That’s why Lewis believes we all need to come together to help stop the spread of Covid-19 because “if one of us has Covid, we all have Covid,” she says. The spread of misinformation through social media must stop as the consequences are disastrous for our community.

“As Omicron and other variants continue the spread of COVID-19, we find that the top sources African Americans rely on for vaccine information are also untrusted sources, social media being the primary culprit,” said Delmonte Jefferson, the Center’s chief executive. “Yet people are repeating what they hear on social media without first checking for accuracy. This practice of receiving and sharing misinformation amplifies health disparities and harms the Black community. Truth Check aims to correct this contagious spread of inaccurate and false narratives.

“TheTruthCheck.org is a tool to help stop the spread of misinformation,” Lewis says. “You go out there and learn what’s wrong and what’s factual because social media deliberately gives us false information in some cases,” the Hollywood Walk of Fame winner adds. Lewis believes organizations like TheTruthCheck.org are necessary to keep our families safe in a changing world.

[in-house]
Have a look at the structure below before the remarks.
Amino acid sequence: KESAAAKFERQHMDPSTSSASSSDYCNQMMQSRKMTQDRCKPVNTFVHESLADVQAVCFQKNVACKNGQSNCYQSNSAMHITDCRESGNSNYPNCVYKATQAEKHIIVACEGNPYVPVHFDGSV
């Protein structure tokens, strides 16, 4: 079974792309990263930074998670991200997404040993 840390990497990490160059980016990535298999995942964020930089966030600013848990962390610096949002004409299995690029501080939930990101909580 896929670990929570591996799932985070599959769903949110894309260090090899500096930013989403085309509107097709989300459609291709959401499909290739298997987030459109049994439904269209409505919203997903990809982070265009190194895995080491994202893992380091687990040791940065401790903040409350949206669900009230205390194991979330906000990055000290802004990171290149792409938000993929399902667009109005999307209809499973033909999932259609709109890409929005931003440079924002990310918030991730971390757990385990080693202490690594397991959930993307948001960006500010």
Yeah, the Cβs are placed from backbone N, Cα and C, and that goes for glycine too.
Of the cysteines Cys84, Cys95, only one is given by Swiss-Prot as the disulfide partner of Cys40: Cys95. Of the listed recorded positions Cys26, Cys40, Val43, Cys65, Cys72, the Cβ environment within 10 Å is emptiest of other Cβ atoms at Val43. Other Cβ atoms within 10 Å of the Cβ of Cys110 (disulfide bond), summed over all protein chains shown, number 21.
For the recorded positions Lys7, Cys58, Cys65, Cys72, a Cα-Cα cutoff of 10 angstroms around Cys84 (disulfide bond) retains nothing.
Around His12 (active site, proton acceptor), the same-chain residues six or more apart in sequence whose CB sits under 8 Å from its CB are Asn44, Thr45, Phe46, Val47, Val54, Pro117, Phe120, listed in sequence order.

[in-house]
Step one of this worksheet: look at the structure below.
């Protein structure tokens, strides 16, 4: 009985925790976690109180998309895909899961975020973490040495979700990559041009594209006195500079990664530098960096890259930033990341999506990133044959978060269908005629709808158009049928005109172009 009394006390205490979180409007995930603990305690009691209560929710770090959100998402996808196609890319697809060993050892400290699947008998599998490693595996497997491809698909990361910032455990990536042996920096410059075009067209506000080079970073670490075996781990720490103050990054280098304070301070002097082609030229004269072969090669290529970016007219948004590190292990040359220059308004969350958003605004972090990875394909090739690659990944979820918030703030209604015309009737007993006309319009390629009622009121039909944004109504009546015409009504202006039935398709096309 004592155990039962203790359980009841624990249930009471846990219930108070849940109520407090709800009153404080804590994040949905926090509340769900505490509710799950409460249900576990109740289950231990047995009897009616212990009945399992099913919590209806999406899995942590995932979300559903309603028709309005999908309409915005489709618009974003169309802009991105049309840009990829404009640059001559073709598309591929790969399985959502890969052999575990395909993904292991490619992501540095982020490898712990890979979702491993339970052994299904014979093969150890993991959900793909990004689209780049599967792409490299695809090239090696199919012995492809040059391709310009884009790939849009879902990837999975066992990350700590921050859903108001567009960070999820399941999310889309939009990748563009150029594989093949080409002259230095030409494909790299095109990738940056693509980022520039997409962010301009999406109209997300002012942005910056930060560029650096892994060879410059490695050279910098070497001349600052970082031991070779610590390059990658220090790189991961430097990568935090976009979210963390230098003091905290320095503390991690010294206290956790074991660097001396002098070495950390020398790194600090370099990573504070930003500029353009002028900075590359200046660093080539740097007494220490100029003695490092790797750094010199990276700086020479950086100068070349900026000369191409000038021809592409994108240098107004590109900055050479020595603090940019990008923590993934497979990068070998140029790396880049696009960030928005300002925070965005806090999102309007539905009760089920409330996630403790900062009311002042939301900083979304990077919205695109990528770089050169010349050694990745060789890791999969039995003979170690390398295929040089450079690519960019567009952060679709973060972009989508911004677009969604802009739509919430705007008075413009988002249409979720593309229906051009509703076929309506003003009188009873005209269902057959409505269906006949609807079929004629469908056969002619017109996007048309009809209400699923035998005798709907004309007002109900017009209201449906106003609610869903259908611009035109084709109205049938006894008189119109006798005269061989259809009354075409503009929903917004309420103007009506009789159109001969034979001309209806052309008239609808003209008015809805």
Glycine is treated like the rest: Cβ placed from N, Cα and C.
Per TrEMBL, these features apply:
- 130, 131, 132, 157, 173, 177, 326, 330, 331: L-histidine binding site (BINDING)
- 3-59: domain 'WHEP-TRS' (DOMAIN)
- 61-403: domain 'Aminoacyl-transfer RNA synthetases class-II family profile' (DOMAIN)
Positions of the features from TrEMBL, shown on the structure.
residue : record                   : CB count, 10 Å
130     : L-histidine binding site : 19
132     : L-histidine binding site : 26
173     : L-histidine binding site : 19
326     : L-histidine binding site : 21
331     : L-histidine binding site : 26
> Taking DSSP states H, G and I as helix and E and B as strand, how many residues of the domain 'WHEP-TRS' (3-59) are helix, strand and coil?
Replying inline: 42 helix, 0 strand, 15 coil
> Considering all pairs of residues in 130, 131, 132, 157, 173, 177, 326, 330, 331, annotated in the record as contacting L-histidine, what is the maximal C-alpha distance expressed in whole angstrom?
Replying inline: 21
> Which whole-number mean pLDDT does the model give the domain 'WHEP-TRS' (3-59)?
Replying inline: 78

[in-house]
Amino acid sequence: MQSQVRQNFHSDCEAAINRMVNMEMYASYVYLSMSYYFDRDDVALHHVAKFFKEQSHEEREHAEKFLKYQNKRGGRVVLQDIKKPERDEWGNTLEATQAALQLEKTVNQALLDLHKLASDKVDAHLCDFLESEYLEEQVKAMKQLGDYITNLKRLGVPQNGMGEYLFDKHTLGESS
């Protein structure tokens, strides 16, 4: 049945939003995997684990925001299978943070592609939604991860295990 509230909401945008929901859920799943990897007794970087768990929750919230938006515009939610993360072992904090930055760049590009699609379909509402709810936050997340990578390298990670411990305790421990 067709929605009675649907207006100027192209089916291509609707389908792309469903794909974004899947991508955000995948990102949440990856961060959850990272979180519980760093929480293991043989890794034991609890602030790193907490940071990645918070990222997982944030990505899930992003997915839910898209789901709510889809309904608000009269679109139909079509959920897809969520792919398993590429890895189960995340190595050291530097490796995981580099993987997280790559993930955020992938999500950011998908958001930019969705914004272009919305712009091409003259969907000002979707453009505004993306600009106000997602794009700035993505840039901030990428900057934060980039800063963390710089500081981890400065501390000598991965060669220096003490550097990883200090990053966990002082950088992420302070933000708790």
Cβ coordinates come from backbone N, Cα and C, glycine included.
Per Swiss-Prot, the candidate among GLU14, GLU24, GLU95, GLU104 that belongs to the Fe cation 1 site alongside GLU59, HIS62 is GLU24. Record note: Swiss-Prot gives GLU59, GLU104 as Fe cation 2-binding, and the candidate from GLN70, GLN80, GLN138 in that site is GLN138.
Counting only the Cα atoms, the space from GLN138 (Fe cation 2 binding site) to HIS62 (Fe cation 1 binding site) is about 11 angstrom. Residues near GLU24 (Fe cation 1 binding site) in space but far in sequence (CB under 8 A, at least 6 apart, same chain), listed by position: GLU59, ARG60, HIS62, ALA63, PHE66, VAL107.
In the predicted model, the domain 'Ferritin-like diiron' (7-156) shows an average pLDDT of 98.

Understanding the consequences of misinformation for our community, the “Black-ish” star has joined TheTruthCheck campaign to encourage the African-American community to check the facts when it comes to healthcare decisions.

“I believe it is essential that we collectively lend our voices to share the truth about COVID-19 and vaccines to enable our people to make wise and informed decisions about what is best to save lives,” Lewis said. “We should all be social media savvy and check it out before we believe it and share it.”

Misinformation isn’t the only reason Lewis joined TheTruthCheck.org campaign. “I joined because I care. I want people to have joy in their lives,” she says evenly. “It’s time for us to come to the table and to have these conversations about the new reality. It will never be what it was. The world has changed and we have to change with it. To change with it, you have to be educated about it.

Truth Check was funded by the CDC Foundation to support the Center and effective community outreach initiatives centered on Black, Indigenous, and People of Color (BIPOC) communities to share accurate and culturally appropriate information about COVID-19 and vaccines against influenza and linking adults to immunization services.

To learn more about the campaign and how to spot misinformation on social media, visit TheTruthCheck.org.